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The Long Goodbye Finally EndsThe Long Goodbye Finally Ends

Two years after first announcing my retirement plans, I'm really doing it. No, really.

December 13, 2018

6 Min Read
The Long Goodbye Finally Ends

I went public with plans to retire in January 2017, and it was mentioned on the stage of our Big Communications Event in May of that year. The plan was always to cut back to part-time writing for 2018, surrendering my role in Light Reading events and eliminating business travel.

I stuck to that but did appear at four events this year as a journalist, leading to a lot of comments along the lines of "Hey, I thought you retired!" A couple of weeks ago, I was introduced on a phone interview as "a long-time telecom writer who periodically threatens to retire."

Today, I make good on that threat. When I close my laptop at about 1:00 p.m. Central Standard Time, I will be ending more than 45 years of work as a journalist, the last 33 years of that covering telecom.

I have to admit that if someone had told 20-year-old Carol Wilson, the freshly minted J-school grad and rookie sportswriter at the High Point Enterprise, that she would ultimately spend most of her career writing about telecom technology, she would have been flabbergasted... and probably disappointed. The idea that I would consume myself with the business of telephone companies -- TELEPHONE COMPANIES! -- over football and basketball games would have seemed preposterous and, let's be honest, truly boring by comparison.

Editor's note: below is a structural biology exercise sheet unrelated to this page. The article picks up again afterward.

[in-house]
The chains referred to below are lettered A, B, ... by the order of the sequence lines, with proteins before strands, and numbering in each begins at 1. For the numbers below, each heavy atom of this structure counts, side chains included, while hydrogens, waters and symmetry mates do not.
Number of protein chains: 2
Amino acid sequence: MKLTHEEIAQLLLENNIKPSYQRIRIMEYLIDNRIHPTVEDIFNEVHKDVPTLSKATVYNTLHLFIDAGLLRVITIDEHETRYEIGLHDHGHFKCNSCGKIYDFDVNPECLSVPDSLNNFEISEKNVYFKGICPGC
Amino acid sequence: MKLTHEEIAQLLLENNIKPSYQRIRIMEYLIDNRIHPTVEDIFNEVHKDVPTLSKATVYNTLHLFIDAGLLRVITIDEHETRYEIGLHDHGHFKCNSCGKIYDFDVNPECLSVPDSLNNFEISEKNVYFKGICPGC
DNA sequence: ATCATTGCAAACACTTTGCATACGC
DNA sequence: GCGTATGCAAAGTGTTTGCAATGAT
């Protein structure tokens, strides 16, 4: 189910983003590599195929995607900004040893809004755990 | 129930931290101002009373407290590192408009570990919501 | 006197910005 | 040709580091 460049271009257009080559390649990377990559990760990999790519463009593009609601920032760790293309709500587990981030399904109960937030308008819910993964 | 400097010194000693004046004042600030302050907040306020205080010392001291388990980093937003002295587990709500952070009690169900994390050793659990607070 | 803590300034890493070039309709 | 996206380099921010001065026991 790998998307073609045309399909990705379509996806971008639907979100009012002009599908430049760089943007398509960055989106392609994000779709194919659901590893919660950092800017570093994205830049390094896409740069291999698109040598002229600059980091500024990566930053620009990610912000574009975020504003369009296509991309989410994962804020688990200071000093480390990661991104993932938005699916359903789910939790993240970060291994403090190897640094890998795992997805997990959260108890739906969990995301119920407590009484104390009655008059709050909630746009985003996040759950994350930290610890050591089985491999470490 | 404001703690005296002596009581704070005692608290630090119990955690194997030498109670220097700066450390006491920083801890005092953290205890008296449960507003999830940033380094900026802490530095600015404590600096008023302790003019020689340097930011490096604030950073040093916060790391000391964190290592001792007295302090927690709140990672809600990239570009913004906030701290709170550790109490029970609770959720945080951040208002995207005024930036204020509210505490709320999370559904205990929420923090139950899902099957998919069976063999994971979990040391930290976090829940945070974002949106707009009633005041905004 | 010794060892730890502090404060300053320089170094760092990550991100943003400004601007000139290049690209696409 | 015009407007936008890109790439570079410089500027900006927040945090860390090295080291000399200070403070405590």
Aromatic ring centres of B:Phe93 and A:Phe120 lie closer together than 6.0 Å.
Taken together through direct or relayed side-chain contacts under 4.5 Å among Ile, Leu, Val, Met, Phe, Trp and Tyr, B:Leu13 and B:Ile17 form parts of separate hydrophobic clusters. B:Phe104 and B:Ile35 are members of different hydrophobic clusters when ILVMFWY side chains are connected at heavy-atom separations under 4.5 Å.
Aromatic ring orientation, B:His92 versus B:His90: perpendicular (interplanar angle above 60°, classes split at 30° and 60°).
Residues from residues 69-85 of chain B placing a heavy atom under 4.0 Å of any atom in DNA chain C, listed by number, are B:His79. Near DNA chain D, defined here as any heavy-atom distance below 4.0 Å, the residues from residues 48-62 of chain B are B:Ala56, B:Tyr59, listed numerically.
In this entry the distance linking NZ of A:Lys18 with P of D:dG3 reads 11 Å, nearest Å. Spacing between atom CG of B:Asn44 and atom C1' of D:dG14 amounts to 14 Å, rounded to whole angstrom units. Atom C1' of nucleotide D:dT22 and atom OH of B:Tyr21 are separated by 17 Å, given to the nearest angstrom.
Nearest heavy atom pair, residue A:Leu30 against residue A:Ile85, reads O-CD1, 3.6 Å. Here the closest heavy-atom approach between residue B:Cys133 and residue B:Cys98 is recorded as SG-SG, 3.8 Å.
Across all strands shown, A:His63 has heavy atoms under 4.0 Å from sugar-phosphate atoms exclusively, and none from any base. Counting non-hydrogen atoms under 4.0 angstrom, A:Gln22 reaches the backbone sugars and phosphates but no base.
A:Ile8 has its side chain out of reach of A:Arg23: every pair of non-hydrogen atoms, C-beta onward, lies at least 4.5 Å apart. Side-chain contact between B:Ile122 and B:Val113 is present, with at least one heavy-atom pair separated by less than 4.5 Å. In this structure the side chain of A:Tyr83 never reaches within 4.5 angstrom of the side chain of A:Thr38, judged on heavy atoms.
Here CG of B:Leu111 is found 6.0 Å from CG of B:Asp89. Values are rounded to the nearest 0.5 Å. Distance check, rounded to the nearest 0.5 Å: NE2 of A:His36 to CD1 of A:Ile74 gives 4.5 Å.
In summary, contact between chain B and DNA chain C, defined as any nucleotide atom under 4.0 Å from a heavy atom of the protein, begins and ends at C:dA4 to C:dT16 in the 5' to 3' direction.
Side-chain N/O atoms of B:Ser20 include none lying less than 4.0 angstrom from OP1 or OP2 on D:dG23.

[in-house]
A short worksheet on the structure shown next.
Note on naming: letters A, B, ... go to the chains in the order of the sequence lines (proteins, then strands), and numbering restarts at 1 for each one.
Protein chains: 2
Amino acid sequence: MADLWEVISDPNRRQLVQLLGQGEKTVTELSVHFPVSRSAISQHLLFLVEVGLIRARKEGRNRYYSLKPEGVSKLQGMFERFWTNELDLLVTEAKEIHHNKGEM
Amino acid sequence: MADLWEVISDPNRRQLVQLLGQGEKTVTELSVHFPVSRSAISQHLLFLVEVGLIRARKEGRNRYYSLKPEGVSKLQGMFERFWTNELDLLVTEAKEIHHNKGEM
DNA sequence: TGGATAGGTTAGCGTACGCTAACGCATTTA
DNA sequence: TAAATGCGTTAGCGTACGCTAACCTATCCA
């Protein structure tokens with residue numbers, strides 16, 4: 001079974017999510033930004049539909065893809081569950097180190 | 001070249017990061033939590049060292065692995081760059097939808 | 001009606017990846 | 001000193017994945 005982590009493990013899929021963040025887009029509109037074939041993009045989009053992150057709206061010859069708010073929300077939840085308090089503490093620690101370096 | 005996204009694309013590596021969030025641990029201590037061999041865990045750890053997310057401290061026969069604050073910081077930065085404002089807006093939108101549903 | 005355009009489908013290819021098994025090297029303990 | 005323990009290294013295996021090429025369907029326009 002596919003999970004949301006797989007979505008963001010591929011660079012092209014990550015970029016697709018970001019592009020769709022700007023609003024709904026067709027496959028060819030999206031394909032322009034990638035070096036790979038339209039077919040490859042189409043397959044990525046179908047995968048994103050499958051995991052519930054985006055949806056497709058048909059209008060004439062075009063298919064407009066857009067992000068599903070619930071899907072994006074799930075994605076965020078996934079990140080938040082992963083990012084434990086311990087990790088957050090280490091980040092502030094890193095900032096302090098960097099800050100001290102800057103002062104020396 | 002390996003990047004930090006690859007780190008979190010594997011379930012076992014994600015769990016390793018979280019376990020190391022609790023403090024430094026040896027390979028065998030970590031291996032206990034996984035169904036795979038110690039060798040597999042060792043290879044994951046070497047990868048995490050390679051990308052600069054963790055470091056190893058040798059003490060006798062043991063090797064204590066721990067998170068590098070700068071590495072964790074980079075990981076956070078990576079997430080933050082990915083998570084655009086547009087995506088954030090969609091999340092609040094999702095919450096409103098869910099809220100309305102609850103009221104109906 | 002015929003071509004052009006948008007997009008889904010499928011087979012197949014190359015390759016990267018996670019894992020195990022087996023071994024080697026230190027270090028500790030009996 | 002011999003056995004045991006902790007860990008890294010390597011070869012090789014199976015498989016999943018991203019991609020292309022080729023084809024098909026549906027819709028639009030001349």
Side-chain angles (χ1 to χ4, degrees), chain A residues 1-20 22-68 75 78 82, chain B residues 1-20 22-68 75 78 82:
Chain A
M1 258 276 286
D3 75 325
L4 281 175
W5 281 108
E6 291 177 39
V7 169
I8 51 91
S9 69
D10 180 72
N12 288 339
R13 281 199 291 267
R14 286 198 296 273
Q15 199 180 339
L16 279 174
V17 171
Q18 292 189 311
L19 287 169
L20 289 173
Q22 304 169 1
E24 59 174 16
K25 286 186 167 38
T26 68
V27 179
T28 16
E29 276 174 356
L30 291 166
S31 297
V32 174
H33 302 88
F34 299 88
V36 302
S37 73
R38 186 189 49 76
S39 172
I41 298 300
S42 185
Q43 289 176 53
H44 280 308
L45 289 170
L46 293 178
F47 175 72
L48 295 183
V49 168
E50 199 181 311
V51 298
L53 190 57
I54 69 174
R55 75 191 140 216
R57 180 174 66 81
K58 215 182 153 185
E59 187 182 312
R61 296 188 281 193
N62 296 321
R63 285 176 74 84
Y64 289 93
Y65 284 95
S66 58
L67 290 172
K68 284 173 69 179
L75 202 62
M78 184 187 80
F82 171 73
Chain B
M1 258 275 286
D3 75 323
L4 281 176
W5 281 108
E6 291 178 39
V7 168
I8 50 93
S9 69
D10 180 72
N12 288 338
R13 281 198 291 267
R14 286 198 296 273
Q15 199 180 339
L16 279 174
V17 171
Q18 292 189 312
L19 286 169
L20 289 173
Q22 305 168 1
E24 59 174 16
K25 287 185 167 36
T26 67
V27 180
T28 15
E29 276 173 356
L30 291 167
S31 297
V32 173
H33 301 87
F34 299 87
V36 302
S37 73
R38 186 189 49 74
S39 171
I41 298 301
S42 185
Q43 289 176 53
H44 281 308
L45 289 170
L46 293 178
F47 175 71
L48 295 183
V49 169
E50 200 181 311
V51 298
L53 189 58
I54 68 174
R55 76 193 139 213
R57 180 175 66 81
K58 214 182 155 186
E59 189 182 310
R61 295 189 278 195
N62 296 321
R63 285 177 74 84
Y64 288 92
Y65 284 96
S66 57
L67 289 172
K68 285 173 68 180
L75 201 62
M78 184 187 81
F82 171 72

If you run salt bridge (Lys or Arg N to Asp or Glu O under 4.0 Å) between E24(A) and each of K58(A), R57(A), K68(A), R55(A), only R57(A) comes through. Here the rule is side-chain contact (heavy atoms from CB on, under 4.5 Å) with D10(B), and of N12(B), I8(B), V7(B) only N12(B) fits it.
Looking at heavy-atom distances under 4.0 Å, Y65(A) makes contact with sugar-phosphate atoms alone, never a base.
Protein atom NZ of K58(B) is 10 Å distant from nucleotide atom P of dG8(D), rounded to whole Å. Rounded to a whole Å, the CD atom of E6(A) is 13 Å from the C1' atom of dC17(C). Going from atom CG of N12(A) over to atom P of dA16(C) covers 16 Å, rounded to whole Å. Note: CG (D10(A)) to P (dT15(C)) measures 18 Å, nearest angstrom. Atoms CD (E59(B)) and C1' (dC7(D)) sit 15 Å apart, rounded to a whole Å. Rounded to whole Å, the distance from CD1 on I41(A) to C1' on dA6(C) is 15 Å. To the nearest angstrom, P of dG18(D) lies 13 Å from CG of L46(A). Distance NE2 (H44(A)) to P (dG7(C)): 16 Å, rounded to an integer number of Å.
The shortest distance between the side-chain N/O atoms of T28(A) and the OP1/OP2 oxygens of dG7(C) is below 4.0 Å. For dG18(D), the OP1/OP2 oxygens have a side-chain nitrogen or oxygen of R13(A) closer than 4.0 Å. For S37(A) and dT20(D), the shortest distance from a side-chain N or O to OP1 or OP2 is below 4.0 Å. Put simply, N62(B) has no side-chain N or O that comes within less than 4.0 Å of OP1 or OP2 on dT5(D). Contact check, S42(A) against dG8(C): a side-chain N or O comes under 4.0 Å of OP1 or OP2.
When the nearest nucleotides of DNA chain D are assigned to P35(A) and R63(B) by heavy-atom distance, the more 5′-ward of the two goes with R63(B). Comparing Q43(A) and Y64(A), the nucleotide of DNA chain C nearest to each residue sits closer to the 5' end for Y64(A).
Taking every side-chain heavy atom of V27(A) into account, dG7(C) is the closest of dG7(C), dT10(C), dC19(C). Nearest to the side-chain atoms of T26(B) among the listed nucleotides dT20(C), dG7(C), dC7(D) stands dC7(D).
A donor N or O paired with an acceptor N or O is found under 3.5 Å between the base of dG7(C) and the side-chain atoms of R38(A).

Figure 1: Really bad reproduction of my column logo as a sportswriter. Really bad reproduction of my column logo as a sportswriter.

Looking back, however, I can't imagine a better industry with which to have engaged as a journalist way back in 1985.

Telecom not only gave me a way to support my family and successfully launch two young adults into the world, it also gave me many opportunities to travel that world and to learn more about the complexities of modern communication technologies directly from the people who create and use them. I was given a ringside seat to technological change that has impacted almost every aspect of the life we live today in ways I could never have imagined.

I owe a great debt of gratitude to the literally hundreds of incredibly smart people I've interviewed over the years, who patiently fielded my often naïve and sometimes downright dumb questions, taking the time to explain how fiber optics, wireless spectrum and packet networking all work to someone who couldn't be bothered to take physics in high school.

There are too many people to start listing folks by name, but I hope you know who you are, and that I didn't just say "thanks for your time," at the end of interviews as a formality. I should also mention the many public relations professionals who handled my sometimes arcane requests for information and managed to (usually) keep things on schedule, and by things, I mean me.